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Author Topic: Yesterday's work, Honey Locust  (Read 1253 times)

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Offline ButchC

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Yesterday's work, Honey Locust
« on: October 10, 2017, 09:14:33 am »
First Honey Locust on the swing mill. It is and interesting species to  maximize grain structure. Here taking 5/4 x 6 cuts.  Wife was drooling and dreaming up projects for this.
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Offline Ga Mtn Man

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Re: Yesterday's work, Honey Locust
« Reply #1 on: October 10, 2017, 09:34:17 am »
Very nice figure.  I was looking at a honey locust tree on my property just the other day and wondering if it was worth sawing.  I think yes.
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Offline ButchC

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Re: Yesterday's work, Honey Locust
« Reply #2 on: October 10, 2017, 09:39:36 am »
Very nice figure.  I was looking at a honey locust tree on my property just the other day and wondering if it was worth sawing.  I think yes.

After it is down and you have to start dealing with the thorns your going to ask yourself why you didnt just leave it standing, LOL Once on the mill it will put a grin on your face.
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Offline Brad_bb

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Re: Yesterday's work, Honey Locust
« Reply #3 on: October 10, 2017, 10:05:30 am »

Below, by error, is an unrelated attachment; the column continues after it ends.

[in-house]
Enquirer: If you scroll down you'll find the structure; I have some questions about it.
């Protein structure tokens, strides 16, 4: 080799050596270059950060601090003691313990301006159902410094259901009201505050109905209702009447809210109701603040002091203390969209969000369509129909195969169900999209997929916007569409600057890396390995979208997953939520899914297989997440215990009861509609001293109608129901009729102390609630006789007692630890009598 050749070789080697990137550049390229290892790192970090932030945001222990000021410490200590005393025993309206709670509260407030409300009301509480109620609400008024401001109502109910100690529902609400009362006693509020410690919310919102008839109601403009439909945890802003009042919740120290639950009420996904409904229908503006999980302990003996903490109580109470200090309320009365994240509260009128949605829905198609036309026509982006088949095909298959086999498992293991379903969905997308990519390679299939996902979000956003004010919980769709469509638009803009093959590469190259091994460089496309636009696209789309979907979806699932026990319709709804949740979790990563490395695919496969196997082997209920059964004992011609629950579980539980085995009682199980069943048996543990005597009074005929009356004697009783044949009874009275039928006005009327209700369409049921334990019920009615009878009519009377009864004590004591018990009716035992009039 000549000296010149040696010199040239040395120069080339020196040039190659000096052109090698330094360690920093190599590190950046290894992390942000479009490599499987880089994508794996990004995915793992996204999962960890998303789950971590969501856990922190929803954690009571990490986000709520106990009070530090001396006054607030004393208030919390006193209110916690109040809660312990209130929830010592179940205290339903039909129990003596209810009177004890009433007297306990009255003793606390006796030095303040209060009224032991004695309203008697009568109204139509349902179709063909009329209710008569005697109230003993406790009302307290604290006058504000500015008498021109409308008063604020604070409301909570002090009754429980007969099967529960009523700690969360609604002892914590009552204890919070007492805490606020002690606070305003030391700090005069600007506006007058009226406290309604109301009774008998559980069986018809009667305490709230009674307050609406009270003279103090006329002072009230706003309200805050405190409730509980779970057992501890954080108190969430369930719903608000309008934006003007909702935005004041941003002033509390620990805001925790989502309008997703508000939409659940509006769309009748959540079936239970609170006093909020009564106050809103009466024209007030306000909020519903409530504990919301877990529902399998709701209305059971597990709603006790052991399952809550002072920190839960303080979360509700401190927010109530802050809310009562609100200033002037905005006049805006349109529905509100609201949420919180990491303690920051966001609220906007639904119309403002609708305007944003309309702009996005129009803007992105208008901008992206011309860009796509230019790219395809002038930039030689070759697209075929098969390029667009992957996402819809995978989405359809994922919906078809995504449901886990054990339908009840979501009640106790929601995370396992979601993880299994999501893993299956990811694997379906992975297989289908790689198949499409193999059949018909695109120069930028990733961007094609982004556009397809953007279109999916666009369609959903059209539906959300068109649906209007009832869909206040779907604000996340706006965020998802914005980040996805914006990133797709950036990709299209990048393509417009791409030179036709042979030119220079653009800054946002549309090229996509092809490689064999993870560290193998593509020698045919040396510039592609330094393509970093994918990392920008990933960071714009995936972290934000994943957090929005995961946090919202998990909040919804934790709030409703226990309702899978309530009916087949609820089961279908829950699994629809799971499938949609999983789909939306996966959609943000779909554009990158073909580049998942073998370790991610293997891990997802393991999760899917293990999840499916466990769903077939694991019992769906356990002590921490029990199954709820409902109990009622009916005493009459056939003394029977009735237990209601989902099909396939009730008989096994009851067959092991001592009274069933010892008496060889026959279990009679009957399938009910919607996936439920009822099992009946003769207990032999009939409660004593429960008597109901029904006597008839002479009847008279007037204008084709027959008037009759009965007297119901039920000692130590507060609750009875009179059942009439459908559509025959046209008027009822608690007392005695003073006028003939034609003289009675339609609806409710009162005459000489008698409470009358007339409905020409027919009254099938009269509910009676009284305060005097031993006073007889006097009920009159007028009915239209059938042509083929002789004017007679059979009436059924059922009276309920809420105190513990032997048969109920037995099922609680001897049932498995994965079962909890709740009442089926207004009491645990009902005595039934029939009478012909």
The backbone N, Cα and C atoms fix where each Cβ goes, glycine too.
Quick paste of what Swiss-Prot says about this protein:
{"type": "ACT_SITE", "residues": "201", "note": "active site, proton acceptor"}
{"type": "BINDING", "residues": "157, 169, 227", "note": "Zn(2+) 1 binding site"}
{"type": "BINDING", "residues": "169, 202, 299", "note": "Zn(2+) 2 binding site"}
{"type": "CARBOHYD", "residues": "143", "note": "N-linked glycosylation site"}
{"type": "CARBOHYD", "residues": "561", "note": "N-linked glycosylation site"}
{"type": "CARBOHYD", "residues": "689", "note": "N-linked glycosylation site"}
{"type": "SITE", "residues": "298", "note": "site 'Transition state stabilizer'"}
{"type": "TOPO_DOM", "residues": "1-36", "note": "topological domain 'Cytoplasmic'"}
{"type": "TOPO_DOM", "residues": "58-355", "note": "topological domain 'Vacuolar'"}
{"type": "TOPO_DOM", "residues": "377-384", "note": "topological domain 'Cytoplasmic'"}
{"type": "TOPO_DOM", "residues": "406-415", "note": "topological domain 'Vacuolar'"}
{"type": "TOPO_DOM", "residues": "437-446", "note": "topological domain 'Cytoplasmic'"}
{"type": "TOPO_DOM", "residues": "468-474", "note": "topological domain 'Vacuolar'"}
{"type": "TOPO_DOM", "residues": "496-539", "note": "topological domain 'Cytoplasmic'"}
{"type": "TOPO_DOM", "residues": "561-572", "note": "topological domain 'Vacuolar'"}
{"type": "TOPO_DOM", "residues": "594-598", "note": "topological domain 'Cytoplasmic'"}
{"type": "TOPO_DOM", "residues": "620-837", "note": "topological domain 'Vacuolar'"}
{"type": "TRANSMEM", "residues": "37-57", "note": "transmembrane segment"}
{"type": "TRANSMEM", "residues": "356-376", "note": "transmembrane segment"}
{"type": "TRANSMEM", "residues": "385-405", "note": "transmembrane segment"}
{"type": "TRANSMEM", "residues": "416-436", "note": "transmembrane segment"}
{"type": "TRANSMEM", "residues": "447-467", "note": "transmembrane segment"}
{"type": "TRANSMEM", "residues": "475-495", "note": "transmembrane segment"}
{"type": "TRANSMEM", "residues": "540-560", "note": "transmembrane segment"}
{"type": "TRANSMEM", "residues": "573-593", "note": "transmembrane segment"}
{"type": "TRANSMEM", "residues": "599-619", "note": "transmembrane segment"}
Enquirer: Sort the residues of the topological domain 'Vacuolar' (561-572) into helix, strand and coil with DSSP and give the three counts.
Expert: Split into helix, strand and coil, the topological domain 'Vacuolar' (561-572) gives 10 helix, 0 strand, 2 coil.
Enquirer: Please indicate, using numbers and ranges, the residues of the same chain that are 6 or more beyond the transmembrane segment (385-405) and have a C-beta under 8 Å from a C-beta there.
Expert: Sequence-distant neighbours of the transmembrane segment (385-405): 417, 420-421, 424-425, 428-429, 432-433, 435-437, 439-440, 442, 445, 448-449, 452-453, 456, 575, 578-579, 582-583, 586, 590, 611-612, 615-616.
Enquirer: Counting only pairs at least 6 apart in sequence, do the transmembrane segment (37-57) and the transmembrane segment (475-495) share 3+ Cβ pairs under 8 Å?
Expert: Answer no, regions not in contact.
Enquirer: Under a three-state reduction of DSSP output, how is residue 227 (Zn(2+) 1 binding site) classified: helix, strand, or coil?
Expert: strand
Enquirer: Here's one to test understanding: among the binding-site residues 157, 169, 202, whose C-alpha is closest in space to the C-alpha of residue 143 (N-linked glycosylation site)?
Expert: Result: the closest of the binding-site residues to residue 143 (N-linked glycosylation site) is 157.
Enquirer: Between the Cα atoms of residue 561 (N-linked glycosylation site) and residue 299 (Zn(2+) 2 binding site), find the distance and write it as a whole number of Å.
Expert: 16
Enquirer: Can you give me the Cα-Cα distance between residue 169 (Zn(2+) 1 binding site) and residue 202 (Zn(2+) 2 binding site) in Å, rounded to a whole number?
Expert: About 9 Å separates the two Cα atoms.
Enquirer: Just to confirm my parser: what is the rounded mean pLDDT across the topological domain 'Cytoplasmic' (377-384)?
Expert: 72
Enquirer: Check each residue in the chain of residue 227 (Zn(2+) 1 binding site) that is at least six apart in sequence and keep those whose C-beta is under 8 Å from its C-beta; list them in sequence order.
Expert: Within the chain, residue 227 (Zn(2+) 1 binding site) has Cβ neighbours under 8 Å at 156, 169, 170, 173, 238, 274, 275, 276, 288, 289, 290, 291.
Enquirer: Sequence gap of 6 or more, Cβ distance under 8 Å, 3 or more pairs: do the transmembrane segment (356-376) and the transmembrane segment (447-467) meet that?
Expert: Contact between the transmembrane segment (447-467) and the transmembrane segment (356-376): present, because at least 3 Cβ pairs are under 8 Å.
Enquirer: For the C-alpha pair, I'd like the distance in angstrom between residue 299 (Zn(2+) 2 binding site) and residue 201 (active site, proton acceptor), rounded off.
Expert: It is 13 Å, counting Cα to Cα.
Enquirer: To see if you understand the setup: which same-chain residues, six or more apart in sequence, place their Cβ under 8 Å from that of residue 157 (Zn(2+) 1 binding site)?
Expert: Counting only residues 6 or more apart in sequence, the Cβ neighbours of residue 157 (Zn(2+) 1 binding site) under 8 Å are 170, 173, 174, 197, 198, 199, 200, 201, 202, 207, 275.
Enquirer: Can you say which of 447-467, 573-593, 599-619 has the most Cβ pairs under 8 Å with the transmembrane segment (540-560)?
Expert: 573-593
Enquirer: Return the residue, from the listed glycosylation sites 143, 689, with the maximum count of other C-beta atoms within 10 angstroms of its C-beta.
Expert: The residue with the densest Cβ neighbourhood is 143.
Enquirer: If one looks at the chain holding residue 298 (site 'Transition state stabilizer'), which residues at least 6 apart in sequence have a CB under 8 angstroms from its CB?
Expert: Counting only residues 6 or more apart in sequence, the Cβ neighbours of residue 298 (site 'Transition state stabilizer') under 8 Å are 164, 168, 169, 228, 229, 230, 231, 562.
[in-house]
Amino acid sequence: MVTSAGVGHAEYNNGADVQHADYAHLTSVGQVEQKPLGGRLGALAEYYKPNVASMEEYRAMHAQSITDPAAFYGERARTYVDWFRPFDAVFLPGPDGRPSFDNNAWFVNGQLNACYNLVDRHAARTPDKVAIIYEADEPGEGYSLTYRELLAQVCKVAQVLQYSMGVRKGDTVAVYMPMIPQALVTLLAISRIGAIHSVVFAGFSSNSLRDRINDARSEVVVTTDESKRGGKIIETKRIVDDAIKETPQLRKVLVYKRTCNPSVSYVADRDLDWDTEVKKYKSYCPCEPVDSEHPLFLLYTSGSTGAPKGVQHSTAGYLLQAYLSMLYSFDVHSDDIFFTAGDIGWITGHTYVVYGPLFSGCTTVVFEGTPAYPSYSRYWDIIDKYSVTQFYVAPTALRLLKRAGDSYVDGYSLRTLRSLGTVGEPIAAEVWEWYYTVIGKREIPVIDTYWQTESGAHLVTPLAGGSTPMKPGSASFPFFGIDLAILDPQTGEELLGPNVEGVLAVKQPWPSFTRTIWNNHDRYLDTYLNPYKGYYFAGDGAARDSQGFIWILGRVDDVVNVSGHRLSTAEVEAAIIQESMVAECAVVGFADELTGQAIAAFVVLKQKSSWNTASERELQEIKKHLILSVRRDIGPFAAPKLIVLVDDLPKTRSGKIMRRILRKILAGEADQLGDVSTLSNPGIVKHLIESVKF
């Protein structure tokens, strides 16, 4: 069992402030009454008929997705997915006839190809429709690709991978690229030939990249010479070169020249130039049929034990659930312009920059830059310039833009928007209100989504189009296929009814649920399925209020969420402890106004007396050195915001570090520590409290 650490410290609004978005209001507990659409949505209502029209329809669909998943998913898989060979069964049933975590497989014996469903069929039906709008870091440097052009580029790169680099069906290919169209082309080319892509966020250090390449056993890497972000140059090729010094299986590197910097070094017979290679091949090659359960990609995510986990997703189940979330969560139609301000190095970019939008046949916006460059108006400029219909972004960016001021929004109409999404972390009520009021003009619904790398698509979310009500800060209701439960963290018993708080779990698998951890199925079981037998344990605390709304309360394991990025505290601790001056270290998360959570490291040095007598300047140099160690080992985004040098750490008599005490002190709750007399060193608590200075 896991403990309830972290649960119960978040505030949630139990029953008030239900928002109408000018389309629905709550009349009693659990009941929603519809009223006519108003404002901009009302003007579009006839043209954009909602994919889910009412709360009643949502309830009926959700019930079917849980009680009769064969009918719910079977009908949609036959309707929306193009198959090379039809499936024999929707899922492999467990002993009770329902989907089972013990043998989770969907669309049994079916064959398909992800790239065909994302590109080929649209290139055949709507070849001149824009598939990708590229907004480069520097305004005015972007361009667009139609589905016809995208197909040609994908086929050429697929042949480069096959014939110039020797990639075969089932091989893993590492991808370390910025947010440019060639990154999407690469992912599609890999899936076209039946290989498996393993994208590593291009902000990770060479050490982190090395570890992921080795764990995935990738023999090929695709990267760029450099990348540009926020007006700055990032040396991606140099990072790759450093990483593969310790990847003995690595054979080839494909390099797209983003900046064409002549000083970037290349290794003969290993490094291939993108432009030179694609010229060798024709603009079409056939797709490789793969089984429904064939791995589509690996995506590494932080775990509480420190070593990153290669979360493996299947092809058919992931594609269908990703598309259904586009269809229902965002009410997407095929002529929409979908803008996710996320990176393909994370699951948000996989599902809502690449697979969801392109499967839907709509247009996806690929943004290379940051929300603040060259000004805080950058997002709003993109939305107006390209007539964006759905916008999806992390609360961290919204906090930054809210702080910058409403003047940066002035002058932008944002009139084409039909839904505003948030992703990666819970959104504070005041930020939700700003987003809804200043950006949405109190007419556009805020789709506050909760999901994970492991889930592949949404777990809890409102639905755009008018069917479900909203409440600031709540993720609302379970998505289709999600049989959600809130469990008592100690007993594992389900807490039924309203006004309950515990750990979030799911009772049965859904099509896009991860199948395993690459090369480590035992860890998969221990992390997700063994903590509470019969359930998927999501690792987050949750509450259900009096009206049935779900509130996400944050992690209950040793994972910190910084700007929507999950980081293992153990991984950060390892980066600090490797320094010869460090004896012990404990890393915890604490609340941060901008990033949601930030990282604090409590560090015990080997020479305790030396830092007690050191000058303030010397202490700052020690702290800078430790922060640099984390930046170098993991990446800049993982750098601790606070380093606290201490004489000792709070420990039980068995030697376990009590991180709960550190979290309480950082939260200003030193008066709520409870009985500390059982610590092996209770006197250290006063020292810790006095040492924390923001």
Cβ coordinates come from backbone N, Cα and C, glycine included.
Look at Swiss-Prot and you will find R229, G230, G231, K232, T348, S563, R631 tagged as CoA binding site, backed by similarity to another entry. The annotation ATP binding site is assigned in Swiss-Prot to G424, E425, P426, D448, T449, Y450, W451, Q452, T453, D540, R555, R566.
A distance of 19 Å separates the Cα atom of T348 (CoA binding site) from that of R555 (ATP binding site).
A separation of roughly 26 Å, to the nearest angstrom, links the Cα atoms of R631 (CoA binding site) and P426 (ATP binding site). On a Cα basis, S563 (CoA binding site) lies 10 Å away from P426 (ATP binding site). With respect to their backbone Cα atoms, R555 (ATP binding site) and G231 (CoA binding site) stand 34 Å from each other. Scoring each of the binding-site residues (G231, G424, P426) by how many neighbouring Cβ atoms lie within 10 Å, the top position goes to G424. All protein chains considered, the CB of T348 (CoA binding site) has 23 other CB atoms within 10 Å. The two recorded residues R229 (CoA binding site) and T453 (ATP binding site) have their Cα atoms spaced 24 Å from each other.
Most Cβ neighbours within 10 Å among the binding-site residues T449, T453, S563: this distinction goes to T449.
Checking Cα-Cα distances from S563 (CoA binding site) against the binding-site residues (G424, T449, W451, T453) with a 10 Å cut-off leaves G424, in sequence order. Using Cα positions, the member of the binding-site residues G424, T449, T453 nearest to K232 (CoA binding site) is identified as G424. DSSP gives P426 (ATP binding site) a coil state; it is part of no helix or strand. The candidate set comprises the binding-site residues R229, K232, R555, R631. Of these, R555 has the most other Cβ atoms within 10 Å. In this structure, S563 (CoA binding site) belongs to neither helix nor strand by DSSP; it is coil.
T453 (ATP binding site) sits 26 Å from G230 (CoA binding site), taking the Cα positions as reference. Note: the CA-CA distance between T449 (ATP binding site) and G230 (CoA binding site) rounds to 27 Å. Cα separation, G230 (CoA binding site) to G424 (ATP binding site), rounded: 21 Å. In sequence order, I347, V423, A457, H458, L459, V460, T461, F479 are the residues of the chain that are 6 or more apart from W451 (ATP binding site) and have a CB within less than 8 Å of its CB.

I love milling Honey Locust.  Mine has had kind of a faint pink hue to it, I love the look of it.  It has planed fine for me, and I actually had some with flecks or maybe it's quilting or curl?  Pretty wood for sure, but I've never had to cut it down. 

 

 
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Offline Ron Wenrich

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Re: Yesterday's work, Honey Locust
« Reply #4 on: October 10, 2017, 11:24:00 am »
There's a thornless variety of honey locust.  I sawed some a number of years ago.  Wide boards have a tendency to split badly when they dry.  It does stay flat.
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Offline fishfighter

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Re: Yesterday's work, Honey Locust
« Reply #5 on: October 10, 2017, 11:57:33 am »
Got way to many on my place. DanG tractor tire flat giving tree. >:(

Online Larry

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Re: Yesterday's work, Honey Locust
« Reply #6 on: October 10, 2017, 12:37:59 pm »
I used to saw a lot of it just because its on the kill list for TSI (timber stand improvement).

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Offline Coltbodi

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Re: Yesterday's work, Honey Locust
« Reply #7 on: October 10, 2017, 01:12:35 pm »
very nice, I have never herd of these trees. Just looked it up and we have them in Louisiana, I know I have seen those pods before. Time to go tree hunting.
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Offline fishfighter

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Re: Yesterday's work, Honey Locust
« Reply #8 on: October 10, 2017, 07:10:11 pm »
very nice, I have never herd of these trees. Just looked it up and we have them in Louisiana, I know I have seen those pods before. Time to go tree hunting.

I'm over in Pointe Coupee Parish. You are in pine country, I'm in bottom land country. ;D Big difference in about 50 air miles away.